The concept of learned helplessness was first suggested by M. Seligman an animal psychologist, in 1975. During a series of experiments involving rats and dogs, he discovered that the animals which had some control over their environment (in being able to prevent a series of electric shocks) would always try to avoid the undesirable stimulus; whereas the animals which had previously had no control over their environment (and so were unable to prevent the shocks) eventually became apathetic and would not try to escape the stimulus, even if it was possible to do so.
It was found that
"Because these animals have learned that nothing they did worked, they did nothing." [Page 237] (Brannon & Feist, 1992)
The animals concerned had therefore learned to be helpless, but had also learned to apply this helplessness to other situations, where there was no perceived controllability.
The concept of learned helplessness has been criticised, however. Skevington (1995) notes three studies that criticise learned helplessness, namely Dent & Teasdale (1988), Lewinsohn et al. (1981) and Skevington (1993). Skevington (1995) states
"All three studies showed little support for the learned helplessness antecedent hypothesis that depressive attributions precede depression." [Page 147] (Skevington, 1995)
With particular regard to the duration of arthritis, Skevington (1995) maintains that learned helplessness is not a significant feature, a position she also maintains for chronic low back pain sufferers. However Skevington (1995) does accept the presence of the concept of Universal Helplessness as having a wider theoretical basis than learned helplessness.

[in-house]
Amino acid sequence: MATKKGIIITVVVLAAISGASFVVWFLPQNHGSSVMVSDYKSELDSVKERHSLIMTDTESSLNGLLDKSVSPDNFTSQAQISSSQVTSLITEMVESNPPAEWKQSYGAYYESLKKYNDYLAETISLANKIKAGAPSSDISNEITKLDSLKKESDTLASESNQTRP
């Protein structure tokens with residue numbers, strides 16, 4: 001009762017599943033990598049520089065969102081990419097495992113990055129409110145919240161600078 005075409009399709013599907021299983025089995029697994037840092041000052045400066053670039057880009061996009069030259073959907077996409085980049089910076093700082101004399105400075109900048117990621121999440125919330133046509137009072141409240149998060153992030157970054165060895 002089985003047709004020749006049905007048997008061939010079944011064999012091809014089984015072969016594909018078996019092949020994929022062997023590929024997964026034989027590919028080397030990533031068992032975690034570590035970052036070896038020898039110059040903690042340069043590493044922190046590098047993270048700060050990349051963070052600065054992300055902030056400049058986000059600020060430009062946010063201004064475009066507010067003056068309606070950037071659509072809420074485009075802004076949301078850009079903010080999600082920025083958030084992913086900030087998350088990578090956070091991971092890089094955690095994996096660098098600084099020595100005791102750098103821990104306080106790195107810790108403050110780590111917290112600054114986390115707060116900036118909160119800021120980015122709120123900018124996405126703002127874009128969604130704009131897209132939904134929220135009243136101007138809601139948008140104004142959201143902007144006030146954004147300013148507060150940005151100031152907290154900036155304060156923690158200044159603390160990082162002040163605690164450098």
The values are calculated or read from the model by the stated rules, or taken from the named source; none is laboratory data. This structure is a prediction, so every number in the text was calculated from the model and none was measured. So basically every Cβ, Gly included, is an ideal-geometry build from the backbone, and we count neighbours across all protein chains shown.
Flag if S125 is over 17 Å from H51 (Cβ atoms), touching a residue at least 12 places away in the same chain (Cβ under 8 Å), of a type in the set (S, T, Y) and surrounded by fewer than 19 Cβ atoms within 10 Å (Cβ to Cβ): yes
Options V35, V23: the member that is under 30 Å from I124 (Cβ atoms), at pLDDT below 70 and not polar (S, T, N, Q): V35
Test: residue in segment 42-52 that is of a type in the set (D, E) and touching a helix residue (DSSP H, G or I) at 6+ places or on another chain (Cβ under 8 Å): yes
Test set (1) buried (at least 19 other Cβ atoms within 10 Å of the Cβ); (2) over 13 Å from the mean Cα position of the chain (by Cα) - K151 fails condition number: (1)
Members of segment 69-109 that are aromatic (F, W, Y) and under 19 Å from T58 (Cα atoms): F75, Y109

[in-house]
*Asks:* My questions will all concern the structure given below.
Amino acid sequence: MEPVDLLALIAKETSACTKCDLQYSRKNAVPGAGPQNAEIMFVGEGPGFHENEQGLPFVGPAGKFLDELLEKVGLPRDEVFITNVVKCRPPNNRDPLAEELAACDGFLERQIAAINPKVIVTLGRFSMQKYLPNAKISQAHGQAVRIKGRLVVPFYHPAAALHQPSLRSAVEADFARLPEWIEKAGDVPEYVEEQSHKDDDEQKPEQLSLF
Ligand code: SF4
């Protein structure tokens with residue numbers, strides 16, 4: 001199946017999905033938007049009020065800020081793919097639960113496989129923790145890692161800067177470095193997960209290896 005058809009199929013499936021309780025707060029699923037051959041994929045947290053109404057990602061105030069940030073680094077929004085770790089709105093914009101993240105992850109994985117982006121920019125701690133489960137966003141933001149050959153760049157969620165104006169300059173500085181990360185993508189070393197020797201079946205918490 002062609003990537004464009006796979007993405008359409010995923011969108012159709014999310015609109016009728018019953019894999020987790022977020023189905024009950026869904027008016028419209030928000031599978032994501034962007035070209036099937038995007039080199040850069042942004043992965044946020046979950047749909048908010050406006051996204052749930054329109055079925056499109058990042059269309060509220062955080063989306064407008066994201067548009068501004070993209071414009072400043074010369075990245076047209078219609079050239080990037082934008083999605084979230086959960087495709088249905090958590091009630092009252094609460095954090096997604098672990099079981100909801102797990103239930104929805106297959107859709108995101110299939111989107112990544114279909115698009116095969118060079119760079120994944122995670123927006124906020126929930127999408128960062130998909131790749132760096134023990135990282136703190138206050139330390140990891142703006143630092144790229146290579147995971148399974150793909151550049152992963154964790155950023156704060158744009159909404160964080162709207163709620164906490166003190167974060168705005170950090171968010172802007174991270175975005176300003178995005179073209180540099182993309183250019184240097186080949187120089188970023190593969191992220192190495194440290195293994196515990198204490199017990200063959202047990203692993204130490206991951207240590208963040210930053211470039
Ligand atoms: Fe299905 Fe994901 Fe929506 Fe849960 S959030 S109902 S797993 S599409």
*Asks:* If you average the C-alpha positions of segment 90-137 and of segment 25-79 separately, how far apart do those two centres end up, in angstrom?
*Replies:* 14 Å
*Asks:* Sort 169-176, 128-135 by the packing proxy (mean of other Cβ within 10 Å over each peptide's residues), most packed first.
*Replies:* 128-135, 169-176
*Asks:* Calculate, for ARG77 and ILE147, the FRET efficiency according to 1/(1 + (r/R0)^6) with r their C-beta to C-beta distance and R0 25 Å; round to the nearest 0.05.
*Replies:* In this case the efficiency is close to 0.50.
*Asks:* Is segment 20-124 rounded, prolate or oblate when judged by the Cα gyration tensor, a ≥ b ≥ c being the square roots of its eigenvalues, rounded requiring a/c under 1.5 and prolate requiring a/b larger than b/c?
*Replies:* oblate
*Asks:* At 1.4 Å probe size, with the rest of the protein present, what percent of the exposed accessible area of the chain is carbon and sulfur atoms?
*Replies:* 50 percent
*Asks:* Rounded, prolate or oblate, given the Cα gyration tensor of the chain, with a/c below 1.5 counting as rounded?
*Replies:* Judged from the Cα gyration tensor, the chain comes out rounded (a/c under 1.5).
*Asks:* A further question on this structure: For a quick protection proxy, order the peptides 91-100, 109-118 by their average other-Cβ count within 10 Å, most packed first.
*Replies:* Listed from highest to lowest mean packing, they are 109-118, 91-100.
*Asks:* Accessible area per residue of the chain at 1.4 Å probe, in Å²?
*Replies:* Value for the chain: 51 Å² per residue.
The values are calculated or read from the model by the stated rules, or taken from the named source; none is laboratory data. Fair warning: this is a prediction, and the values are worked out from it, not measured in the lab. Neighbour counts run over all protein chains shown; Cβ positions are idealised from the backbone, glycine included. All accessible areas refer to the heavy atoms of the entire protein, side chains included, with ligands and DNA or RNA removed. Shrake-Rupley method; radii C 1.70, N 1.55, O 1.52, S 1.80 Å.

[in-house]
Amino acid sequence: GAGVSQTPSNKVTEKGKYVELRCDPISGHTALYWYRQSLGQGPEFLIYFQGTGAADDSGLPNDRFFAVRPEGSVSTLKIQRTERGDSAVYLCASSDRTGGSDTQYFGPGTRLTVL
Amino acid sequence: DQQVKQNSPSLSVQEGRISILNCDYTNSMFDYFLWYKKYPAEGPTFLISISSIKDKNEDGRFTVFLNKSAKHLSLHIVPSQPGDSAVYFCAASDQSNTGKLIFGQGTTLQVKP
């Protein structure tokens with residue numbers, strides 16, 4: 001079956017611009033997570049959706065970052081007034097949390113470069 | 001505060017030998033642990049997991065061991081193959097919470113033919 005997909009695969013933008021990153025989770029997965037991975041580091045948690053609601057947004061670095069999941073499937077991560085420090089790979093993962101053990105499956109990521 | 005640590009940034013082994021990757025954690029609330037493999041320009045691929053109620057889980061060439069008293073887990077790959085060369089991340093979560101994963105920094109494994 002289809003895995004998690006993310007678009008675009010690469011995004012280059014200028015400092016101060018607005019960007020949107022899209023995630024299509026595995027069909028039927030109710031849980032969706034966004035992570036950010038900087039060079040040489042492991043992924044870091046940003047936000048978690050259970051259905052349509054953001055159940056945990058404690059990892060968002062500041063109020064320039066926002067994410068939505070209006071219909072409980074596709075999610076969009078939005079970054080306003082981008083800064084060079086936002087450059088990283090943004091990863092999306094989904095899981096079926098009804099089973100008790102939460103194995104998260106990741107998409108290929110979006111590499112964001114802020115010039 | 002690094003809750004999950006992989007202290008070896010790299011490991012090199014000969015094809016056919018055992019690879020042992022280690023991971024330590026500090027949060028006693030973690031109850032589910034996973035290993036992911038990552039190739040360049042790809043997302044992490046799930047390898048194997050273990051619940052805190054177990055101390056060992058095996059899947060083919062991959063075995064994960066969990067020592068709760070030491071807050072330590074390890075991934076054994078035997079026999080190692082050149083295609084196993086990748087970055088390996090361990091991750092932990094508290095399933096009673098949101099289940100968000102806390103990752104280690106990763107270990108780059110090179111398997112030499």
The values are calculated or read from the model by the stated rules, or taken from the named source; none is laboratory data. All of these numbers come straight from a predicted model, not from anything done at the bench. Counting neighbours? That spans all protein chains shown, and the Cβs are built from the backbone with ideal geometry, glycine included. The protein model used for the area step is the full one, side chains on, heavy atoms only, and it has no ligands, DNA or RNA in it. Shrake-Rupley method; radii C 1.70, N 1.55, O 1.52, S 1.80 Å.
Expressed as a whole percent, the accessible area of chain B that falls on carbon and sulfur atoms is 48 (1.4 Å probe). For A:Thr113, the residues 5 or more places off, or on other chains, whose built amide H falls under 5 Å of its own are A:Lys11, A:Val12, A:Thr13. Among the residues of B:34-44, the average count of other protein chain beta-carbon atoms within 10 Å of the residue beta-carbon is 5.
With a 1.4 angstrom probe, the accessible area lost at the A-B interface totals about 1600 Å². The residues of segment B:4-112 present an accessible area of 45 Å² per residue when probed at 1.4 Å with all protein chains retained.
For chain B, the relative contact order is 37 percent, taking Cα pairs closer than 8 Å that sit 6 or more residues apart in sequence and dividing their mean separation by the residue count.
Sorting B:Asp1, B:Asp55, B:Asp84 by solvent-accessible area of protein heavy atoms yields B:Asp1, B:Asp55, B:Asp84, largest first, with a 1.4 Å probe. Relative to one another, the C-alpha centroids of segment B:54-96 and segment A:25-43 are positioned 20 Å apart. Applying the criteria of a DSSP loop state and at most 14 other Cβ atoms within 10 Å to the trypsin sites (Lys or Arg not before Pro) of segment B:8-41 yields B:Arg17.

This leads us to the concept of the locus of control, as hypothesised by Rotter (1966). In this theory he stated that there are personality types who have and external locus of control, and try to hold external factors such as fate, luck, or other people as being responsible for many aspects of their lives. Those with an internal locus of control tend to believe that they have control over their own actions, and any events that happen to them during their lives, are a result of their own actions.
Whether one accepts learned helplessness or not, one of the most stressful occurrences which can occur in an individual's life is an admission to hospital due to an acute or chronic illness. It is a time when the individual's personal independence and privacy are all but destroyed, and everyday activities such as using the toilet, bathing, sleeping, eating and relaxing become part of an alien regime over which the individual has little or no control.
Some people cease their normal behaviour patterns and adopt the role of the patient, as can be seen very often in hospitals, when they immediately change into their night clothes and get into bed. Generally these patients tend to be passive, place very few demands on the ward staff, are generally co-operative with their treatment program, and seldom ask questions. The ward staff react to these "good patients" favourably, as it makes the duties of nurses and other medical staff much easier. Other patients are not as easily dealt with and may act in rebellion at their perceived loss of control.
Taylor (1979) argues that the different reactions from patients who are "good" and "bad" are a response to the depersonalisation of hospitalisation, and the perceived loss of control which accompanies it, and that the reaction is dependent on the individual differences, and past experiences of each patient. She argues that patients who are "good" are actually suffering from learned helplessness, and their passivity, while making the role of the hospital staff easier, is not...